The sword in the lake

Harry encounters the Sword of Gryffindor once again

Extract from Harry Potter and the Deathly Hallows

by J.K. Rowling

Something gleamed in the light of the wand and Harry spun about, but all that was there was a small, frozen pool, its cracked, black surface glittering as he raised the wand higher to examine it.

He moved forwards rather cautiously and looked down. The ice reflected his distorted shadow, and the beam of wandlight, but deep below the thick, misty grey carapace, something else glinted. A great silver cross ...

His heart skipped into his mouth: he dropped to his knees at the pool’s edge and angled the wand so as to flood the bottom of the pool with as much light as possible. A glint of deep red ... it was a sword with glittering rubies in its hilt ... the sword of Gryffindor was lying at the bottom of the forest pool.

Barely breathing, he stared down at it. How was this possible? How could it have come to be lying in a forest pool, this close to the place where they were camping? Had some unknown magic drawn Hermione to this spot, or was the doe, which he had taken to be a Patronus, some kind of guardian of the pool? Or had the sword been put into the pool after they had arrived, precisely because they were here? In which case, where was the person who had wanted to pass it to Harry? Again he directed the wand at the surrounding trees and bushes, searching for a human outline, for the glint of an eye, but he could not see anyone there. All the same, a little more fear leavened his exhilaration as he returned his attention to the sword reposing upon the bottom of the frozen pool.

He pointed the wand at the silvery shape and murmured, ‘Accio sword.’

It did not stir. He had not expected it to. If it had been that easy, the sword would have lain on the ground for him to pick up, not in the depths of a frozen pool. He set off around the circle of ice, thinking hard about the last time the sword had delivered itself to him. He had been in terrible danger, then, and had asked for help.

‘Help,’ he murmured, but the sword remained upon the pool bottom, indifferent, motionless.

What was it, Harry asked himself (walking again), that Dumbledore had told him the last time he had retrieved the sword? Only a true Gryffindor could have pulled that out of the Hat. And what were the qualities that defined a Gryffindor? A small voice inside Harry’s head answered him: their daring, nerve and chivalry set Gryffindors apart.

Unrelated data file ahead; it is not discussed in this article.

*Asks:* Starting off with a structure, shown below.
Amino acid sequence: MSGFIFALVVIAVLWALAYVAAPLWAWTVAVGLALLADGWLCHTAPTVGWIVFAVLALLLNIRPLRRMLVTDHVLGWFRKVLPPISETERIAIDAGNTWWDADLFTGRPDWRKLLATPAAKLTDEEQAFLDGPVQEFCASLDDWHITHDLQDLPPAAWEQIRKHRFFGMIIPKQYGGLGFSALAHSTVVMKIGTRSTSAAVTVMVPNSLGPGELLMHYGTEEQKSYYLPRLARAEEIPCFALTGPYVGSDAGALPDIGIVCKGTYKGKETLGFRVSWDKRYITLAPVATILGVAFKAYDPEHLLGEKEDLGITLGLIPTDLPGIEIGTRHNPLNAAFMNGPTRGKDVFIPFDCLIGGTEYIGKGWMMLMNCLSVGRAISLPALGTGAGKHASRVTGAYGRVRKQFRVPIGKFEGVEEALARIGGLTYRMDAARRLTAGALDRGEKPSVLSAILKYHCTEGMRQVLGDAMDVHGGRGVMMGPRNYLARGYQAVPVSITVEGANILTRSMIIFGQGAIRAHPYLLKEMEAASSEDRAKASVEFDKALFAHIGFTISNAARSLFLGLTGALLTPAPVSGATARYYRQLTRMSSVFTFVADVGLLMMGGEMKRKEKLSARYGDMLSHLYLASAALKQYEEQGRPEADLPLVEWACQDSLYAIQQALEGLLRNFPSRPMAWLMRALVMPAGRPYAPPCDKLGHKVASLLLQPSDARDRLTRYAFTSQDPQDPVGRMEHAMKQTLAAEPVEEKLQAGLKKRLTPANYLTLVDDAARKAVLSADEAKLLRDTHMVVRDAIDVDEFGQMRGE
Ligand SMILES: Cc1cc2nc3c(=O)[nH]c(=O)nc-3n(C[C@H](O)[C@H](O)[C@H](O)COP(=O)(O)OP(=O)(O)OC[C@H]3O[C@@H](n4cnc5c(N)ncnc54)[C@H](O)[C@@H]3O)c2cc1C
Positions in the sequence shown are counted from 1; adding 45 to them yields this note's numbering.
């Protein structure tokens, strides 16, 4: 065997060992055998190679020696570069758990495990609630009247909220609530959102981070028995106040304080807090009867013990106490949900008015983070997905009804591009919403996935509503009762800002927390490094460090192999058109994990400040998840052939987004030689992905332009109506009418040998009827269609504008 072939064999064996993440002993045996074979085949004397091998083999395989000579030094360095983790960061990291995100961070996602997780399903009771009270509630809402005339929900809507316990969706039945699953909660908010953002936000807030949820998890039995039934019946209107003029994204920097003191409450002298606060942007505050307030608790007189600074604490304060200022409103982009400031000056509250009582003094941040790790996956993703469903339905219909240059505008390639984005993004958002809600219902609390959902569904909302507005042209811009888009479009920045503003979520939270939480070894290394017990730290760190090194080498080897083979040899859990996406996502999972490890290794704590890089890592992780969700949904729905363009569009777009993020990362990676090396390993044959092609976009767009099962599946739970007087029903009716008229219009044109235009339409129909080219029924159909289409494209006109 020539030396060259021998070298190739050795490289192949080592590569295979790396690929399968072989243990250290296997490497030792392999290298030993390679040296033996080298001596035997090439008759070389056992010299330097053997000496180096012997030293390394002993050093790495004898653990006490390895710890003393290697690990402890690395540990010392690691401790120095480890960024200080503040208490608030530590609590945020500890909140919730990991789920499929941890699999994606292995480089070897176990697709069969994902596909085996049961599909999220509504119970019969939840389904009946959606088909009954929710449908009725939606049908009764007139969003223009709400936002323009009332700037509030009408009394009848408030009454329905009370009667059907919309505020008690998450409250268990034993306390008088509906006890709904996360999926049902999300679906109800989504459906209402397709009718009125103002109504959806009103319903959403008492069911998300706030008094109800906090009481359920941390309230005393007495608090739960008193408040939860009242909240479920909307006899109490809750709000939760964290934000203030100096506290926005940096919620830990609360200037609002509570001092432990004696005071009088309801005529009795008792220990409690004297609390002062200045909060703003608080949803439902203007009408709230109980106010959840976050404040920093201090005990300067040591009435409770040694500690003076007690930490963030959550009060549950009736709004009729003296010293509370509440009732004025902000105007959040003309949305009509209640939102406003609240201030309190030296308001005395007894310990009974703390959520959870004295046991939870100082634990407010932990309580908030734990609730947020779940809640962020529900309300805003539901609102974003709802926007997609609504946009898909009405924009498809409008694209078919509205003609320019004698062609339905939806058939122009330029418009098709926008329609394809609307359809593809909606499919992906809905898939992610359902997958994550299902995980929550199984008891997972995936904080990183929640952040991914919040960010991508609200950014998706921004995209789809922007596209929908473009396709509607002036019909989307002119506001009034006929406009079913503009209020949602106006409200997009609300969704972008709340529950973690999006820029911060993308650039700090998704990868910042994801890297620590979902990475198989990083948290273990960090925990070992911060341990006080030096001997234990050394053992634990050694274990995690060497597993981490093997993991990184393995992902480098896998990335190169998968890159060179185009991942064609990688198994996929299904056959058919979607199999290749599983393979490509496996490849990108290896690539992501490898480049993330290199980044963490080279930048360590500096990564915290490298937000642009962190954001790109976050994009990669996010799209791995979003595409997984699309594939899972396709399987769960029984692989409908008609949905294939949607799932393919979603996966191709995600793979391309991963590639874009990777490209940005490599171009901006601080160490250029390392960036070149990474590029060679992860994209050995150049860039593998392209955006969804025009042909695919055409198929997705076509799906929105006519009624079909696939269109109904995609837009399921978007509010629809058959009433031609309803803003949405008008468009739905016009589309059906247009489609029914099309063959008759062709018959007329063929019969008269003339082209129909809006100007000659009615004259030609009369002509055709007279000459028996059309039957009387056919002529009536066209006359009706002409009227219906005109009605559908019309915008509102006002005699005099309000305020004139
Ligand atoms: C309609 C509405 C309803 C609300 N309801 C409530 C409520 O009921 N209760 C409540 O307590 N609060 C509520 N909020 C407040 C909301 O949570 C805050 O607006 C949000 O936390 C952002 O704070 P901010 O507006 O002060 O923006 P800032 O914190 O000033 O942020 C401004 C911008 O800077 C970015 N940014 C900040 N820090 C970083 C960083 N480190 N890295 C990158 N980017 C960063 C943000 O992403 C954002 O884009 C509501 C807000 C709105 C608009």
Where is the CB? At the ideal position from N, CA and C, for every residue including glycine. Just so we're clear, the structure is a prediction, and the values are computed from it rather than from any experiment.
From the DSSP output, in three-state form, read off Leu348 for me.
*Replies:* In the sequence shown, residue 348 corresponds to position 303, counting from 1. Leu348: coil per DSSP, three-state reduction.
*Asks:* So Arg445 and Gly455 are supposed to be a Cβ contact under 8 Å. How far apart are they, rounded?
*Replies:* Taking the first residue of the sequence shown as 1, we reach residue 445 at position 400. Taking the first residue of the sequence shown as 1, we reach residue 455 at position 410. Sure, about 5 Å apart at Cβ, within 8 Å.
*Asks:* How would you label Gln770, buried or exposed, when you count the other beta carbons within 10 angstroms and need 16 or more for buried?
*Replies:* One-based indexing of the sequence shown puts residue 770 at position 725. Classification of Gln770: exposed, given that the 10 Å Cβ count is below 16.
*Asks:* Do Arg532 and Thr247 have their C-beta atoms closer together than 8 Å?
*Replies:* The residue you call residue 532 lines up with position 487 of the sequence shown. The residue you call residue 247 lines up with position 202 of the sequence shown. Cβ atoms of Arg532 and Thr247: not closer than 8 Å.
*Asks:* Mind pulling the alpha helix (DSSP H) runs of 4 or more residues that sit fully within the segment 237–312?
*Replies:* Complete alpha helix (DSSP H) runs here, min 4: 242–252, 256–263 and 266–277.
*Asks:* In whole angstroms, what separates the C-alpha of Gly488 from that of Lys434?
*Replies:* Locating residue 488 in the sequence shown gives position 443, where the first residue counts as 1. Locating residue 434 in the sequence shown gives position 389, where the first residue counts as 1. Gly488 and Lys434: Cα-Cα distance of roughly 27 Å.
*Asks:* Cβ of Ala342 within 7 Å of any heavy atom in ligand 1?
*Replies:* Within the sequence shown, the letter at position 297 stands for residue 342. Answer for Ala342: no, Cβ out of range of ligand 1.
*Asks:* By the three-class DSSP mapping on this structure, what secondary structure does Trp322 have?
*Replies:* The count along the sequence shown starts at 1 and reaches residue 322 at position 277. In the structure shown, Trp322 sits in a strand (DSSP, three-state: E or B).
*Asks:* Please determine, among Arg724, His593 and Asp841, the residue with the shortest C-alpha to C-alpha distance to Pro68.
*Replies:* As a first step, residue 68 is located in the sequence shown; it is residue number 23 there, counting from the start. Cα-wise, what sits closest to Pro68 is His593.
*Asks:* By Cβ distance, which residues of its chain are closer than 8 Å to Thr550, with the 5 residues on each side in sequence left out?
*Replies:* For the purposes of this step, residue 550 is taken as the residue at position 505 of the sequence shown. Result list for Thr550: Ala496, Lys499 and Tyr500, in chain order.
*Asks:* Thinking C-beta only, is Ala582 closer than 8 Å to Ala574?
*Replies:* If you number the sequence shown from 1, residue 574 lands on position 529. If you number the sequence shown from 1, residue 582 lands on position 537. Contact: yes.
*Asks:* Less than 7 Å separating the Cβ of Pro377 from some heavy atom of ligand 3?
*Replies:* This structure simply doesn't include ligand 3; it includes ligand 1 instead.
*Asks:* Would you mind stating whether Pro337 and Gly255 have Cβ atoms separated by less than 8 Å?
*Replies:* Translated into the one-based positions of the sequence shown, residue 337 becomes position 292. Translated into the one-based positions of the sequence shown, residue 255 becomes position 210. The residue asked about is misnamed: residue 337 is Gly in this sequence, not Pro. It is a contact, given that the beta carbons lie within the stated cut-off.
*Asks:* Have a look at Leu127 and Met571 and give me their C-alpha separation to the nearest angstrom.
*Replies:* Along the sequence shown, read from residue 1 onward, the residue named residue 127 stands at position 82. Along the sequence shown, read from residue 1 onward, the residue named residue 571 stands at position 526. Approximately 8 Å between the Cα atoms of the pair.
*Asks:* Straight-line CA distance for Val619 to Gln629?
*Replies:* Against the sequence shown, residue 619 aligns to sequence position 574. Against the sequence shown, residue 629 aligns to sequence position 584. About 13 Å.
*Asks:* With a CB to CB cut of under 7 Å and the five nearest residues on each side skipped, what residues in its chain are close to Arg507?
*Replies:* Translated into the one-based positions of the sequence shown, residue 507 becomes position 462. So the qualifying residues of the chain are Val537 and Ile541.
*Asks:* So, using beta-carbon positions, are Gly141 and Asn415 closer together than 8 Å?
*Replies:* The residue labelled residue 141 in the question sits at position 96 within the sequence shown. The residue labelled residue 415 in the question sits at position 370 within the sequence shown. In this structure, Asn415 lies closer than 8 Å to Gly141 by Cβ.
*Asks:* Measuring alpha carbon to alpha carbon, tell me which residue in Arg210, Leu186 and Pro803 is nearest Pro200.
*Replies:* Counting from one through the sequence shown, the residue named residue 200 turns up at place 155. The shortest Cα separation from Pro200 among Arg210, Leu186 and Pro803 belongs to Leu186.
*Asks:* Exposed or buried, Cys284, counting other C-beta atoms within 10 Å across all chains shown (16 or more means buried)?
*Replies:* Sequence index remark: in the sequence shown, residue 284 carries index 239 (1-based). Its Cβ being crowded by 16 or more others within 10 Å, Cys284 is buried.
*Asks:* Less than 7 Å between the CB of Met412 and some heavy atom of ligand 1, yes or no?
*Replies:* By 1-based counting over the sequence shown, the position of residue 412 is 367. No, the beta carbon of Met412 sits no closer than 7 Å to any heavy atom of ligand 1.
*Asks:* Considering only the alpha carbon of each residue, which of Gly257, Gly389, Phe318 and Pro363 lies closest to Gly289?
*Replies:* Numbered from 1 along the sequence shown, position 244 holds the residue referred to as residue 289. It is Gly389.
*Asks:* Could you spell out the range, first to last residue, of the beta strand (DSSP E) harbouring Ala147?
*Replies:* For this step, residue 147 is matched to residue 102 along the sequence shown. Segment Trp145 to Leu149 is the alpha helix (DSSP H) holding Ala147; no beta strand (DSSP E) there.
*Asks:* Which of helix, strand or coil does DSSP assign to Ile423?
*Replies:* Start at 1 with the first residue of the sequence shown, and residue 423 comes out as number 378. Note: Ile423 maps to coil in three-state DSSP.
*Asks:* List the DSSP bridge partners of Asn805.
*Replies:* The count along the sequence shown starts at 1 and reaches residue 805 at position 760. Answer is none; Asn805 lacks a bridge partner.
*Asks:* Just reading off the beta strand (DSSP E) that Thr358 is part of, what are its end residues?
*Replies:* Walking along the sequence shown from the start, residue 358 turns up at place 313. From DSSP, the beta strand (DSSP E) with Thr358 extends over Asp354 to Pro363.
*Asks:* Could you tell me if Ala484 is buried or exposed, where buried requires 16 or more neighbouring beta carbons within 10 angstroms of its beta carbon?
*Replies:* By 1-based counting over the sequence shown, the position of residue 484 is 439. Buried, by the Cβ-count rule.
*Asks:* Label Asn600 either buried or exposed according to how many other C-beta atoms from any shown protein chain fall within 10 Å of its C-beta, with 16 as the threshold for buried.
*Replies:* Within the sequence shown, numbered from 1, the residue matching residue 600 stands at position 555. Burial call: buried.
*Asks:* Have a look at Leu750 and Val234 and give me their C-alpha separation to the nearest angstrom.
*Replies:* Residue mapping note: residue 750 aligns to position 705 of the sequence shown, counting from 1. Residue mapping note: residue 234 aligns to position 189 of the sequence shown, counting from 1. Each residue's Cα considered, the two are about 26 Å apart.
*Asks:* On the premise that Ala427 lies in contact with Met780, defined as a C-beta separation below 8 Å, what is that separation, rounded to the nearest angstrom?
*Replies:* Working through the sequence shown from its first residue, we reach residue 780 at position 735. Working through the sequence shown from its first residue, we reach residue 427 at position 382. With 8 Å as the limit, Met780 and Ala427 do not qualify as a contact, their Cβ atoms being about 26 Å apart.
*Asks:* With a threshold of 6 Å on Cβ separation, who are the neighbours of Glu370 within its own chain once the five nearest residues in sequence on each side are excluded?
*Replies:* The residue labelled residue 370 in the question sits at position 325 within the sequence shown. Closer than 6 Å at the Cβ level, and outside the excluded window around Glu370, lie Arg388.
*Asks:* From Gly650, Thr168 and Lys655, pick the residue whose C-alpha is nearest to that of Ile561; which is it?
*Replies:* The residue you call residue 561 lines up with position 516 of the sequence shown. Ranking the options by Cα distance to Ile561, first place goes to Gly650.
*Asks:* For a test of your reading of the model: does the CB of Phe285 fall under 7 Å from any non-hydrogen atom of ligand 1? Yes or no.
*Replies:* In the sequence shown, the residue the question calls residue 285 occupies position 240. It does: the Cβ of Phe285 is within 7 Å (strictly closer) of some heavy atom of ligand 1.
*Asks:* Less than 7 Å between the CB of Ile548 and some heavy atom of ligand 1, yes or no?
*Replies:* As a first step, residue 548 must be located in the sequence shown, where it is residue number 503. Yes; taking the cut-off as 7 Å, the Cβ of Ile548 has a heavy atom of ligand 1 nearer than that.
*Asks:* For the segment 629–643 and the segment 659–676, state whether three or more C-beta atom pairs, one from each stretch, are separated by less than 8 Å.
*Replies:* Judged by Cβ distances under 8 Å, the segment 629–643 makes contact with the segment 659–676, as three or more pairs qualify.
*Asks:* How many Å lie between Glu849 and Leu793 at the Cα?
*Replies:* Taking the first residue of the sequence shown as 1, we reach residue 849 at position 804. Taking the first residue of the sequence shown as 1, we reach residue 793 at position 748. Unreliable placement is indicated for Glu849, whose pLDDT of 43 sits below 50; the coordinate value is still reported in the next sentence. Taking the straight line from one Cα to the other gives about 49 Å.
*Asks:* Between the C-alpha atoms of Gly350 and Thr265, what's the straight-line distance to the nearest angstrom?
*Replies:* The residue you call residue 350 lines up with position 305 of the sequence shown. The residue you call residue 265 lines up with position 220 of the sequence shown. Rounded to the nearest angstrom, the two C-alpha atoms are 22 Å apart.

Harry stopped walking and let out a long sigh, his smoky breath dispersing rapidly upon the frozen air. He knew what he had to do. If he was honest with himself, he had thought it might come to this from the moment he had spotted the sword through the ice.

He glanced around at the surrounding trees again, but was convinced, now, that nobody was going to attack him. They had had their chance as he walked alone through the forest, had had plenty of opportunity as he examined the pool. The only reason to delay at this point was because the immediate prospect was so deeply uninviting.

With fumbling fingers Harry started to remove his many layers of clothing. Where ‘chivalry’ entered into this, he thought ruefully, he was not entirely sure, unless it counted as chivalrous that he was not calling for Hermione to do it in his stead.

An owl hooted somewhere as he stripped off, and he thought with a pang of Hedwig. He was shivering now, his teeth chattering horribly, and yet he continued to strip off until at last he stood there in his underwear, barefooted in the snow. He placed the pouch containing his wand, his mother’s letter, the shard of Sirius’s mirror and the old Snitch on top of his clothes, then he pointed Hermione’s wand at the ice.

‘Diffindo.’


Harry Potter and the Deathly Hallows
by J.K. Rowling